|Project by steliart||posted 02-11-2011 03:23 PM||20157 views||91 times favorited||23 comments|
Mini Cyclone Dust Collection Bucket
Few friends message me and asked me if I can post this project also here in LJs than where I have it, because is easier for them to look at the project, so here it is.
My cyclone dust collector bucket is very inexpensive and efficient. It only cost me under 20 Euros (about 25 U.S. dollars), easy to build in a weekend, and it can run with any normal house vacuum cleaner (recommended a 1600W+).
This project was build to fit the needs of my multi-tool bench. But it will work nicely with your power tools and also with your shop vac.
Since this post is for LJs and experienced woodworkers, I will skip the intro and the explanations and give it to you straight, besides the images worth a thousand words. If any questions, I would love to answer them or explain.
So here is how it was build.
1 Paint plastic bucket 20L
1 Metal (tin) paint bucket 20L
1 Plastic Funnel
1 Electrician’s plastic pipe (diameter according to hoses)
2 pipe joiners
3 90 degrees plumbing elbow fitting
Bolds, nuts & washers
Self taping screws for attaching the funnel’s support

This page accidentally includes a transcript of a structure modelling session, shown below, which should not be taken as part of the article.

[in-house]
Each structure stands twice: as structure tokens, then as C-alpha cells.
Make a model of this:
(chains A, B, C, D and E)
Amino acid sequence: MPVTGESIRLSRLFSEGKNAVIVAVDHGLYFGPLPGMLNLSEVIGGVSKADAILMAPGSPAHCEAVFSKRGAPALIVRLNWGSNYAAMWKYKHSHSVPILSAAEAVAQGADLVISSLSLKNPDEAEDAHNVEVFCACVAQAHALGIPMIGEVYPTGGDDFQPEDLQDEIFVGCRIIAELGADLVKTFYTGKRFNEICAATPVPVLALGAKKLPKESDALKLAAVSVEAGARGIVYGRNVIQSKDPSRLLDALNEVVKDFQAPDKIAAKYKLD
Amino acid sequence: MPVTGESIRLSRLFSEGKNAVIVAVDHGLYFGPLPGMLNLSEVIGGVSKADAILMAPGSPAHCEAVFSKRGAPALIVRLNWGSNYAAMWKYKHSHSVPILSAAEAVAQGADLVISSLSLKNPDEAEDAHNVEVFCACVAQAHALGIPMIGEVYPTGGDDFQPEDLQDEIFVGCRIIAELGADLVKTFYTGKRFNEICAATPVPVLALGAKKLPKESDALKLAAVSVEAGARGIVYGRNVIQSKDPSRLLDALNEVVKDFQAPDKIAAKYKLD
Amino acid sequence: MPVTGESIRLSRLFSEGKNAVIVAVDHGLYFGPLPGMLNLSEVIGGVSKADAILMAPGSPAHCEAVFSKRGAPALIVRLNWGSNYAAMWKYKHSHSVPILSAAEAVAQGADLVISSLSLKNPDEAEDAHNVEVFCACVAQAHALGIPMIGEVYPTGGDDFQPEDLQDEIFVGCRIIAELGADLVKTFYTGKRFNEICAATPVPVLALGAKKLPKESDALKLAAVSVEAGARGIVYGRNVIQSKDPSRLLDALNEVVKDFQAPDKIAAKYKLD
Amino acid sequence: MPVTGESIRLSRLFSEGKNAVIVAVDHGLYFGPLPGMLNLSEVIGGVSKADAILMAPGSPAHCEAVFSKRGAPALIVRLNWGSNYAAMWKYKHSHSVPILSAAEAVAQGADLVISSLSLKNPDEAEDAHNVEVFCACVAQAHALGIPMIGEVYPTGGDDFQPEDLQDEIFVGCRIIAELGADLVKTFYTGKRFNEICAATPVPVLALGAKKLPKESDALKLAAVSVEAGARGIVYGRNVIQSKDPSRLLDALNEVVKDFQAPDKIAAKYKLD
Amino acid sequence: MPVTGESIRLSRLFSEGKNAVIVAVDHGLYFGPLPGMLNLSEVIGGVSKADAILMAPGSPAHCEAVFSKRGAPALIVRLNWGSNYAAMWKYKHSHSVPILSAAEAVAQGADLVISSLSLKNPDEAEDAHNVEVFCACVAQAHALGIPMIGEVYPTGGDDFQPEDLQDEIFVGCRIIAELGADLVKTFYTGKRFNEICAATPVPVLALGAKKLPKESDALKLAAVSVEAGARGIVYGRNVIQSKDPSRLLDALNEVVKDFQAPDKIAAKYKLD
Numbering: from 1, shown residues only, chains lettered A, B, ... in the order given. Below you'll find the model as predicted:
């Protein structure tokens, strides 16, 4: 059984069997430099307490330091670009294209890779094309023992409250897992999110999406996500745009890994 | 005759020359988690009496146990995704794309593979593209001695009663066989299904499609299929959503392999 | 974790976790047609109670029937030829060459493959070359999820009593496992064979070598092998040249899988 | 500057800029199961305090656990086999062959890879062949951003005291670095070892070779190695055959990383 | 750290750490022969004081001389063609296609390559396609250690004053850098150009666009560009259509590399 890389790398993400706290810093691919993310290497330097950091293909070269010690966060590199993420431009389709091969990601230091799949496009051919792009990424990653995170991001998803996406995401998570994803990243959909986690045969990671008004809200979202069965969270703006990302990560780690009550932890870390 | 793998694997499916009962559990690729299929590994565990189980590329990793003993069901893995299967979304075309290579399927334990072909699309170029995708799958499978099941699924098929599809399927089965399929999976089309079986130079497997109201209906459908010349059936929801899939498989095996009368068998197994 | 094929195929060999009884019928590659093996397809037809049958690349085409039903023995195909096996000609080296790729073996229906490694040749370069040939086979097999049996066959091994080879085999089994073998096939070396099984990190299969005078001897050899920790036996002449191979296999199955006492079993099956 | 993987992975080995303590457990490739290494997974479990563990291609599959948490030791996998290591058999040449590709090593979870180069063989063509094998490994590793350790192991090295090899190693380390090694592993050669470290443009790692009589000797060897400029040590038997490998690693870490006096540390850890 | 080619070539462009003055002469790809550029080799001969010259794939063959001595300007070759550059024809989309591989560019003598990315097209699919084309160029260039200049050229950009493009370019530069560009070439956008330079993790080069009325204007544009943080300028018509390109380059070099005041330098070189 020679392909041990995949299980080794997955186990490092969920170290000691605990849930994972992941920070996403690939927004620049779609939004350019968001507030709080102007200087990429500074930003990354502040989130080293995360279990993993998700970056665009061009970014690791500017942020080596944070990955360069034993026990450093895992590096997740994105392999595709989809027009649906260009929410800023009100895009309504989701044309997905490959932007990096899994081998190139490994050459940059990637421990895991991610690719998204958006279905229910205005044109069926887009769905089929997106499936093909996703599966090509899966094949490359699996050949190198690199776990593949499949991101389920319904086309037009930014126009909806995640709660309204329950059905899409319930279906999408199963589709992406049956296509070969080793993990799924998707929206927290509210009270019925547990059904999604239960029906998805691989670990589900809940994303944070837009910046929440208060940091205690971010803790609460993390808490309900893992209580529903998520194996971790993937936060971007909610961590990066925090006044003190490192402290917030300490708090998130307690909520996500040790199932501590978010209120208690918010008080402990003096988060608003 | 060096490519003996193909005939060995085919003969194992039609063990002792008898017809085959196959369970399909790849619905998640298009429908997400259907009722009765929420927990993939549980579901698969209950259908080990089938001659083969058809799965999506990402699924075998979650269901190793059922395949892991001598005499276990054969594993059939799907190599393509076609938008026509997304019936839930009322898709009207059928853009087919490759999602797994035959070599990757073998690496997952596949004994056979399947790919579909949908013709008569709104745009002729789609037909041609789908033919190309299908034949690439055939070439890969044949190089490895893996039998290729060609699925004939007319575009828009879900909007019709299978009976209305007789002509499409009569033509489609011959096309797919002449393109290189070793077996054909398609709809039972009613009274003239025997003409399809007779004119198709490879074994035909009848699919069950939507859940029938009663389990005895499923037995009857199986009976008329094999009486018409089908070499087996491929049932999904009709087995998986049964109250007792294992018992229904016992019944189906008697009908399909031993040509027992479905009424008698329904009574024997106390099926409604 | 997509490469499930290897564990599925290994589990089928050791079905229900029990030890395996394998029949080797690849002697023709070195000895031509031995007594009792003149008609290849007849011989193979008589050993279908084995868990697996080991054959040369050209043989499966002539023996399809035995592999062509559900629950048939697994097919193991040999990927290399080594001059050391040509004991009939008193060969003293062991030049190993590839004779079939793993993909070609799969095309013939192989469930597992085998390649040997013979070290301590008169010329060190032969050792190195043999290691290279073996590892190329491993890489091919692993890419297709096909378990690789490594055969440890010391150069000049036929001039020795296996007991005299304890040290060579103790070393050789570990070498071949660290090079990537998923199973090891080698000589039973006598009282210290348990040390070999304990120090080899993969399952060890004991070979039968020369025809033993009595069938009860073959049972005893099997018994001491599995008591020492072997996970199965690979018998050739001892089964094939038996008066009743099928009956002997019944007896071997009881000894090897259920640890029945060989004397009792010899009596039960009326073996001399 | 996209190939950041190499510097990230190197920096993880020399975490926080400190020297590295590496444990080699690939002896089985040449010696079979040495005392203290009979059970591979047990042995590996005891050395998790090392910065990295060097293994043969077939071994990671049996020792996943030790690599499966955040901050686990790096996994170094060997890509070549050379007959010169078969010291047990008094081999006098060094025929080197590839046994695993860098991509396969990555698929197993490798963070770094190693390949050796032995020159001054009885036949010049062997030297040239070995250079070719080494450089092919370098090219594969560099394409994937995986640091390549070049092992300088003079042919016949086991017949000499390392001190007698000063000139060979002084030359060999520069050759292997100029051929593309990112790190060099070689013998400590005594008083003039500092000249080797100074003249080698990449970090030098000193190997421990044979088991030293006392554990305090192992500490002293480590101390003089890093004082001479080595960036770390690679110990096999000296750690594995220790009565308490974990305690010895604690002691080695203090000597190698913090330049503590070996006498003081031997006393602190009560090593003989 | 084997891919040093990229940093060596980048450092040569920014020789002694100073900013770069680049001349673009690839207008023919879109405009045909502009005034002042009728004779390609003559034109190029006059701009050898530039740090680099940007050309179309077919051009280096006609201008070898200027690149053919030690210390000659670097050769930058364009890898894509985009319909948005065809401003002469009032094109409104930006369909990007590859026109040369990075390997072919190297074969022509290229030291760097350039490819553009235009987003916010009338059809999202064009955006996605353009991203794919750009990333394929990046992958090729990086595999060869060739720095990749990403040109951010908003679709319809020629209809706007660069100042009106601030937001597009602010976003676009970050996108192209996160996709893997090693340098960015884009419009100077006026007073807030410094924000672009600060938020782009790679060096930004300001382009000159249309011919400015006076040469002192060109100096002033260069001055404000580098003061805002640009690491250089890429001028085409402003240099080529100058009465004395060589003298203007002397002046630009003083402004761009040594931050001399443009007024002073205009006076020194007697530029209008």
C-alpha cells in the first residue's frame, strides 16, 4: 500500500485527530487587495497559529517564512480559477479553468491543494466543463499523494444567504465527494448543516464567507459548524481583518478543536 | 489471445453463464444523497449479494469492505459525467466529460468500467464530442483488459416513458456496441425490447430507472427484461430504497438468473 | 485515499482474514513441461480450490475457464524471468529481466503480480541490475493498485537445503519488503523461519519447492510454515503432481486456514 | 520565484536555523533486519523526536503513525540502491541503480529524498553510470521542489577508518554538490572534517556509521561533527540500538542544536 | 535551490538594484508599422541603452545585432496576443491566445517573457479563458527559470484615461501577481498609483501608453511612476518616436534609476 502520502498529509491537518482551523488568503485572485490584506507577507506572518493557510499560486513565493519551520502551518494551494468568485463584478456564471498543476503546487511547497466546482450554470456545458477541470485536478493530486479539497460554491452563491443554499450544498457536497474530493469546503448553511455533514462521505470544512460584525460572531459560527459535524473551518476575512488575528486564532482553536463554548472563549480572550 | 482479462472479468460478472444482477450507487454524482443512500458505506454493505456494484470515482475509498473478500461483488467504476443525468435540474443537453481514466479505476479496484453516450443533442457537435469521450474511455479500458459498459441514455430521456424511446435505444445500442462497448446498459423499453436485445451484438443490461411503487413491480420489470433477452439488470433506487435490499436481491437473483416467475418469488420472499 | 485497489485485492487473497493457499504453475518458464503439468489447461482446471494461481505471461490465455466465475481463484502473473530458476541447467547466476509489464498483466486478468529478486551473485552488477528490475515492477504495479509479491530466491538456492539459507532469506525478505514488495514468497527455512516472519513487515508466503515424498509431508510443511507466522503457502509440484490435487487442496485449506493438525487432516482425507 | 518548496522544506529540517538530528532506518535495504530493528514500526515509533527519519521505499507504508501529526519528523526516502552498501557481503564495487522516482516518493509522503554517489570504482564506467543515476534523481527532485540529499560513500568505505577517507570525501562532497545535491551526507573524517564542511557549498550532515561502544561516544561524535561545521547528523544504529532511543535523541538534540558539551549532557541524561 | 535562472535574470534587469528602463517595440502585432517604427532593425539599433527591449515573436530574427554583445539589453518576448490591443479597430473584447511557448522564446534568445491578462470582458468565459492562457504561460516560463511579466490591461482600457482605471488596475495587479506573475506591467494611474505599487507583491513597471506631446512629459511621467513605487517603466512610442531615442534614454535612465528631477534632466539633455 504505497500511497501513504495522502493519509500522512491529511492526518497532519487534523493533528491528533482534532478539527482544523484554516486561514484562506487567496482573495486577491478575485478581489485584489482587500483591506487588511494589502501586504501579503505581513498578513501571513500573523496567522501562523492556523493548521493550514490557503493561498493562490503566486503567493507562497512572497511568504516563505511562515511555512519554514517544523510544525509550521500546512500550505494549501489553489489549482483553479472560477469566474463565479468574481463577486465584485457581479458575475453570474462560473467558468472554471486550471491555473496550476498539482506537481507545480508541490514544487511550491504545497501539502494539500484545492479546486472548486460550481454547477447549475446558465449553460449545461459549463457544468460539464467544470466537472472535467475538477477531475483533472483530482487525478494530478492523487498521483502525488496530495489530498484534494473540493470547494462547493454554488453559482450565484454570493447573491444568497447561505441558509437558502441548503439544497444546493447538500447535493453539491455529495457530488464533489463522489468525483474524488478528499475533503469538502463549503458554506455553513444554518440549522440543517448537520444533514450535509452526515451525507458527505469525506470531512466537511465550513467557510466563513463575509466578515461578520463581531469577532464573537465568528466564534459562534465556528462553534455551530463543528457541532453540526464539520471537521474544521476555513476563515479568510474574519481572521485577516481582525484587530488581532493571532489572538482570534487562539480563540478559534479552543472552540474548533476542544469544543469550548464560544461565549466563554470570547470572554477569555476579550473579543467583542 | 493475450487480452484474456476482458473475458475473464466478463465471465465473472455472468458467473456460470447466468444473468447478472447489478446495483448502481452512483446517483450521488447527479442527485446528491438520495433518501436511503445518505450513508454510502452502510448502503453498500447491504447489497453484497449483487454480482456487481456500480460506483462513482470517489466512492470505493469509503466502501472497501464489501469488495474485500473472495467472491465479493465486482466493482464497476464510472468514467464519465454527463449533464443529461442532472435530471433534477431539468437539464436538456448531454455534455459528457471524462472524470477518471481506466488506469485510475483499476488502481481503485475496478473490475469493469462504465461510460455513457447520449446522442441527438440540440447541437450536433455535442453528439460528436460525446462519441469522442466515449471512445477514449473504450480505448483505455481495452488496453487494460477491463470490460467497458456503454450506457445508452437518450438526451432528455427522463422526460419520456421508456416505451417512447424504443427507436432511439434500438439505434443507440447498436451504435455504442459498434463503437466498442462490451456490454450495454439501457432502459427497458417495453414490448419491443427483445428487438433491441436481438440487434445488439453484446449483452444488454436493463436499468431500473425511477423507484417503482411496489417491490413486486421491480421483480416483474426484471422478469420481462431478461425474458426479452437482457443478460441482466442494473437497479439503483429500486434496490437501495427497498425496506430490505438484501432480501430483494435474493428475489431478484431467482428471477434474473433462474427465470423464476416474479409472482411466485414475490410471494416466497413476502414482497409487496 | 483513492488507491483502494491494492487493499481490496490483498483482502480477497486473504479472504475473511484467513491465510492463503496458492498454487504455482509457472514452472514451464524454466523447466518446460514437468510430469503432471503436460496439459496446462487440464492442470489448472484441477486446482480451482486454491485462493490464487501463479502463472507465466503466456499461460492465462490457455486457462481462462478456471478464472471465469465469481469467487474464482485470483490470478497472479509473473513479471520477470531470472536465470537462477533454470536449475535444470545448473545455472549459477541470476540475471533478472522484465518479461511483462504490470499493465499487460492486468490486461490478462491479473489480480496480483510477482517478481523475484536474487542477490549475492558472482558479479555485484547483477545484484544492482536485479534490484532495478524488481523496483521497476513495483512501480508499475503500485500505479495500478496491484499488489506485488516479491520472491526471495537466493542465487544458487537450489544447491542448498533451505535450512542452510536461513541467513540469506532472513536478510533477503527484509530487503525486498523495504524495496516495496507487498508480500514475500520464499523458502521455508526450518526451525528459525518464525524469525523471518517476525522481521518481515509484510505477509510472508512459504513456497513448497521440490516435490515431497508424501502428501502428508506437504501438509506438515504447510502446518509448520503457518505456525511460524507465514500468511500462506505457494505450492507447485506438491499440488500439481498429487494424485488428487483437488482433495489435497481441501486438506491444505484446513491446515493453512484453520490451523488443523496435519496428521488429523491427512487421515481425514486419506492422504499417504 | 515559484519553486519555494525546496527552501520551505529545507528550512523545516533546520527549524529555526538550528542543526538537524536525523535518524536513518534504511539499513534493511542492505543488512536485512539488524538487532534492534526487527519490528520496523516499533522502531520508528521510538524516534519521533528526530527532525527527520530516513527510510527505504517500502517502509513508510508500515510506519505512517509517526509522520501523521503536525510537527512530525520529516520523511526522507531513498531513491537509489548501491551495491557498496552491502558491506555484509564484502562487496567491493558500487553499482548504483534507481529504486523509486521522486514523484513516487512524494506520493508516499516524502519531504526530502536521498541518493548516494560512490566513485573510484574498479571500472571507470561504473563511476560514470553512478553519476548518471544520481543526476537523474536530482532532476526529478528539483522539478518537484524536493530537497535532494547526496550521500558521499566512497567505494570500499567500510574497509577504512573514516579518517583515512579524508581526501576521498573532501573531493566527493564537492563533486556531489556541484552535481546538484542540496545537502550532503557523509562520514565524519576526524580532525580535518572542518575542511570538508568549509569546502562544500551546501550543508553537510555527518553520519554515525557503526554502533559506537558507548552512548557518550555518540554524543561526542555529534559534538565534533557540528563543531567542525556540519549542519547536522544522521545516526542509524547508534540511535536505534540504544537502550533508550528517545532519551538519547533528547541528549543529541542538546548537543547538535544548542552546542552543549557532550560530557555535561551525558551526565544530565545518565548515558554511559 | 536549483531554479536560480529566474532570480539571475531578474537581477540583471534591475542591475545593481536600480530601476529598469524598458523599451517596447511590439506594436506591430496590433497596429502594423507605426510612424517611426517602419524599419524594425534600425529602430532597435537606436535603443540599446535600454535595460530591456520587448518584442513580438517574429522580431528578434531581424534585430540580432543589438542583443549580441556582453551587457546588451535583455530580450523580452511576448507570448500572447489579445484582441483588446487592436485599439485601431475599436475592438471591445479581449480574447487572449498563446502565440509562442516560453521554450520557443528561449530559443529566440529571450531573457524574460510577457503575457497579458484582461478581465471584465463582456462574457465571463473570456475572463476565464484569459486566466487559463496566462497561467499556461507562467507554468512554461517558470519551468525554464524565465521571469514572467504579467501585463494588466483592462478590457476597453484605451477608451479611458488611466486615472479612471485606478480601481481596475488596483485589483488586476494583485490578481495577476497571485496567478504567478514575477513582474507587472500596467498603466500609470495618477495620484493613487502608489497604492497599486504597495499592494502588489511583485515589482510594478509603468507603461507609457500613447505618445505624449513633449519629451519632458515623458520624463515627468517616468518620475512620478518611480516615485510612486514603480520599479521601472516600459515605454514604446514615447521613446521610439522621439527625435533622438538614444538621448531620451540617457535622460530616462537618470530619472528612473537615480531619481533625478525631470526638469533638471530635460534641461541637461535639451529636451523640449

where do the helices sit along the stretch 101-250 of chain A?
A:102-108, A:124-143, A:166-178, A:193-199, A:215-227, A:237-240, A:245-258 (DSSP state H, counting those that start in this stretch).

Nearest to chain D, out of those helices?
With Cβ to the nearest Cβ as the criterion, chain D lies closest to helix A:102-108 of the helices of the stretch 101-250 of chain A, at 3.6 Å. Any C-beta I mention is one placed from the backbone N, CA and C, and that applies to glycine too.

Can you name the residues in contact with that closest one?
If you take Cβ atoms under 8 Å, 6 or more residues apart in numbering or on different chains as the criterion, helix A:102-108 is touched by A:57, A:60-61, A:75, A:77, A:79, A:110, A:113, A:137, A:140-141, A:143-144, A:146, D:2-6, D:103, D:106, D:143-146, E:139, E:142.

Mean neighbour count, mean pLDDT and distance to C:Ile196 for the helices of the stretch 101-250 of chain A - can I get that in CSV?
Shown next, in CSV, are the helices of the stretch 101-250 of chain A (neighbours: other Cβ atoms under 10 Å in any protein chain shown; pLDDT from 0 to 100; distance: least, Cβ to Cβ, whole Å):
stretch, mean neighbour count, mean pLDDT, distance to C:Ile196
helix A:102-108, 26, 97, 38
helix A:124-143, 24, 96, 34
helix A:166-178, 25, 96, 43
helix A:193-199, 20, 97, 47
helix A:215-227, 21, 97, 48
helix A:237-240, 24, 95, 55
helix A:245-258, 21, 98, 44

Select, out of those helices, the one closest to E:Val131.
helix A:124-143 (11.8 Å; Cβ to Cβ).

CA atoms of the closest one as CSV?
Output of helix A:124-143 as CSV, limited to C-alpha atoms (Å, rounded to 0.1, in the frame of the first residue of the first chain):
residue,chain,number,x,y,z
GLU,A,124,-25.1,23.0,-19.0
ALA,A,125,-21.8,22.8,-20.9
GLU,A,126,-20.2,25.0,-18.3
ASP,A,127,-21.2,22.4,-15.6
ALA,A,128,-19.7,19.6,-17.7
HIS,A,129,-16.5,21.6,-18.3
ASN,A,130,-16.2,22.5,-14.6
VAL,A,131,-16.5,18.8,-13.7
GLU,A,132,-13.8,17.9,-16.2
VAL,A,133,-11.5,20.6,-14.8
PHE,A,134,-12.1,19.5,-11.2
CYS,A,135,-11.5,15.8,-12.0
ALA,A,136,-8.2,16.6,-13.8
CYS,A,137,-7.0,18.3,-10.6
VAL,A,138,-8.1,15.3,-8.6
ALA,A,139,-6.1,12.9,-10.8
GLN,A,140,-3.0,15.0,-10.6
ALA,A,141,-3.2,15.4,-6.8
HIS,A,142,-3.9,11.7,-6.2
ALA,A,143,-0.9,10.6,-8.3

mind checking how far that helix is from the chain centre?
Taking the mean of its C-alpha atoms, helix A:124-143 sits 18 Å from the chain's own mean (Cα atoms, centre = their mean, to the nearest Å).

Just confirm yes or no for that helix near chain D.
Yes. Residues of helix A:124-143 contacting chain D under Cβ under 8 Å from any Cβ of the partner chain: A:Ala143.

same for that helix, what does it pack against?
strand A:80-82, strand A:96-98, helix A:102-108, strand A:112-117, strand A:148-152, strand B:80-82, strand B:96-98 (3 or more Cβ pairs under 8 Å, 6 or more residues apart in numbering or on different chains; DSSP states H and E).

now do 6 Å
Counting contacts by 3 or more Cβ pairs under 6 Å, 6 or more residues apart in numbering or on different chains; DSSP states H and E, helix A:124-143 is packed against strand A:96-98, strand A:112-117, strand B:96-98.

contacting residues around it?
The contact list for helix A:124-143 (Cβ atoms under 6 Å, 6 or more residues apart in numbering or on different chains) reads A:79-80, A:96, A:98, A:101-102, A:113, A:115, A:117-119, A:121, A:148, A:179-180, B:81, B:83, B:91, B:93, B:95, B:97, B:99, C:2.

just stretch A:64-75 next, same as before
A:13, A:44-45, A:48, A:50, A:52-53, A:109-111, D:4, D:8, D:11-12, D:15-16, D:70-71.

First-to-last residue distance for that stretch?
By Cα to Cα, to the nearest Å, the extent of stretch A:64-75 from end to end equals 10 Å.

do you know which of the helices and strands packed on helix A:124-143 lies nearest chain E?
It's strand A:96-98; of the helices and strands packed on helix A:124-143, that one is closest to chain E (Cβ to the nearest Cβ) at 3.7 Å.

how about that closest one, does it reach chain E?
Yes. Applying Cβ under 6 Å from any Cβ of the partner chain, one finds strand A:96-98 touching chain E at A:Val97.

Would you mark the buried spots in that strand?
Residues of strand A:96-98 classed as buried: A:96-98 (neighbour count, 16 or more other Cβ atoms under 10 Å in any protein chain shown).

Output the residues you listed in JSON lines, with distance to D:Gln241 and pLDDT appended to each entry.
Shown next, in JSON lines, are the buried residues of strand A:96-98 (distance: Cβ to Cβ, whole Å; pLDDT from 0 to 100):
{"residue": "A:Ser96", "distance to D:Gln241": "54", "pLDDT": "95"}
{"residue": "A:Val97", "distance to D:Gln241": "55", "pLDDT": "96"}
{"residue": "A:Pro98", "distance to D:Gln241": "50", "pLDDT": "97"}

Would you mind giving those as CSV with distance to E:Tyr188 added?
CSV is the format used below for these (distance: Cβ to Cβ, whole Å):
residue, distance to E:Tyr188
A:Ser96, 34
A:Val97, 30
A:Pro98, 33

5 minutes Epoxy Glue and pvc glue
Some sort of filler (builders bog or similar)
4 pieces of plywood or MDF
The Cyclone System consists of two stages.
The first stage is the paint plastic bucket with its top plastic lit, fittings, and the funnel.
The second stage is the metal (tin) paint bucket which will hold the dust and waste and its tin lit which is attached under the plastic bucket.
The two stages are locked together with the standard metal bucket’s holding clamp which is used to clamp to the lit, and it comes together with the metal bucket.
Buckets and funnel were purchased from constructions paint shop.
Photo Descriptions: p1 : The Mini Cyclone Dust Collection Bucket completed. p2 : SketchUp view of the project (I always design before I build something). p3 : Diagram of the cyclone’s first stage parts. p4 : The first test with some vacuum hoses proved that the top lit was a bit soft. P5 : Dust from the test cut and the vacuum was dust free. p6 : I have also designed a cart for the system but I could not build it as I had no storage space for it. p7 : The top lit with MDF support, the center pipe and elbow. p8 : Stage one top view, the funnel’s wooden ring support and the wooden base connected with the tin bucket lit. p9 : The funnel was cut for bigger opening and extended with a piece of pipe. p10 : The funnel’s final position. p11 : Some sort of filler brings the edges of the funnel to a 45 degrees slope up to the wall. p12 : The underside of the tin bucket’s lit with its MDF connected with the first stage, also you can see the funnel’s pipe extension sticking out.
-- Stelios L.A. Stavrinides: - I am not so rich to buy cheap tools, but... necessity is the mother of inventions